This morning I went to church. This is not something I normally do but I wished for a break from my brain. I find it oddly soothing to participate in something so ingrained that I do not need to think. I was brought up Catholic but I have not been a practicing Catholic for many, many years. I’ve occasionally attempted to figure out what I am, what I believe, how I roll. I laughingly refer to my religious ideals as Pantheistic Solipsism, an idea I have unabashedly stolen from RA Heinlein’s works.
Regardless of my religious leanings, I went to church this morning to get a break from my mind. I was determined to be functional for this small part of my day while offering myself the peace and serenity of not thinking. It was a spectacular failure.
I intended to visit the Catholic Church but did not remember the time and arrived late. I walked down the street and found another church about to begin service. Mentally shrugging my shoulders, I went inside.
It was an enormous church with colorfully stained glass windows; renaissance décor throughout the nave and apse; high, swooping ceilings complete in gleaming wood. As I mentally cataloged the many points of beauty, service began. The loud but technically inept musicians commenced and were presently joined by a number of unselfconscious yet spectacularly off-key singers. In a discordantly cacophonous counterpoint, a small child embarked on a round of keening displeasure.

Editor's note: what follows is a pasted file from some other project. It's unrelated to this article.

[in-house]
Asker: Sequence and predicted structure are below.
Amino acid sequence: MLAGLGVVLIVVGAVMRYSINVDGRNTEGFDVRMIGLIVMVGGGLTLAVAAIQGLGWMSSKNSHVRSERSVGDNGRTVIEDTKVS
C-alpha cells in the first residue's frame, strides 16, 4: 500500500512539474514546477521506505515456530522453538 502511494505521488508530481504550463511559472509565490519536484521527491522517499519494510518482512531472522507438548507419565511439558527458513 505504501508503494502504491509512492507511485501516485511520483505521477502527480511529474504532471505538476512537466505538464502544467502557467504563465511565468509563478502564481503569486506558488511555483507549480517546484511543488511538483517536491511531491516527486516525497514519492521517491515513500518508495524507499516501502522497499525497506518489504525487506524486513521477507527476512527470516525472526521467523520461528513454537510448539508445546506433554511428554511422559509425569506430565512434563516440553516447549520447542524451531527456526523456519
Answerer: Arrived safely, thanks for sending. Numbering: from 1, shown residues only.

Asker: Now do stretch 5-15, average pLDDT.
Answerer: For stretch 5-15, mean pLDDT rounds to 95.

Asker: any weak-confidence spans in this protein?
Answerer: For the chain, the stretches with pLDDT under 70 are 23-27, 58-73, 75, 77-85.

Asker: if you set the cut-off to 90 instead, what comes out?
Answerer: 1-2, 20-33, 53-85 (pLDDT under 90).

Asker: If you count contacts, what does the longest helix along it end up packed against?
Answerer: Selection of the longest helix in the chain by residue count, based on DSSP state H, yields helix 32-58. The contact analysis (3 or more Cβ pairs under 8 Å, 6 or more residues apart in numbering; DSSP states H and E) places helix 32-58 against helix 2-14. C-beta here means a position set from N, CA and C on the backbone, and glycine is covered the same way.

This is not the reason this service was a failure.
I went for solace and encountered a homily so pointedly relevant it cut through me like a knife.
Between the reading from Isaiah 5:1-7 and the sermon given by the pastor, I found not solace but heartache. The sermon recounted a retreat, a bringing together of people wishing to pray, talk, and rejoice in their faith.
During retreat, the pastor chanced to be praying with a young woman who expressed her faith as something less than complete. She was asking others to pray so she could go beyond her 90% certainty and believe with no doubts. The pastor asserted that a 10% doubt should not be considered bad. The doubt allows us to examine all the wonderfulness of our situation, to be thankful for that which we have. The doubt allows us to be stronger as we turn away the uncertainty which attempts to wreck our harmony.
The contention was that everyone has doubts and that this is not awful. It is difficult to have and/or maintain complete certainty about those things which we would love to be completely and unerringly certain.
From what I understood, it seems that complete certainty is not really the ideal. The point was that a small portion of doubt can make the remainder even more precious. The doubt gives us cause and opportunity to itemize the good, reflect, enjoy, and be thankful.
The caution is that you do not let doubt cause you to see or begin to itemize the bad in what you want or believe. Do not let it create a wedge between you and your belief. Do not allow the doubt to turn you away, piece by broken piece. Take the reservations and use them to shore up and strengthen that which you already feel.
I came away thinking – which, if you remember, was the antitheses of my goal.
I did, however, think. I think there is much truth here, that it is beyond difficult to believe in anything 100%, all the time. Even those things which I like to think that I believe in totally, I sometimes question. I do not like to show my doubt or give it much consideration but it does remain, in whatever small form, always a part of everything of which I can think.
I’ve not mentally come across any one thing that I have ever, truly, unshakably, undeniably been so completely certain that I never doubted.
According to the pastor, I guess that’s a good thing.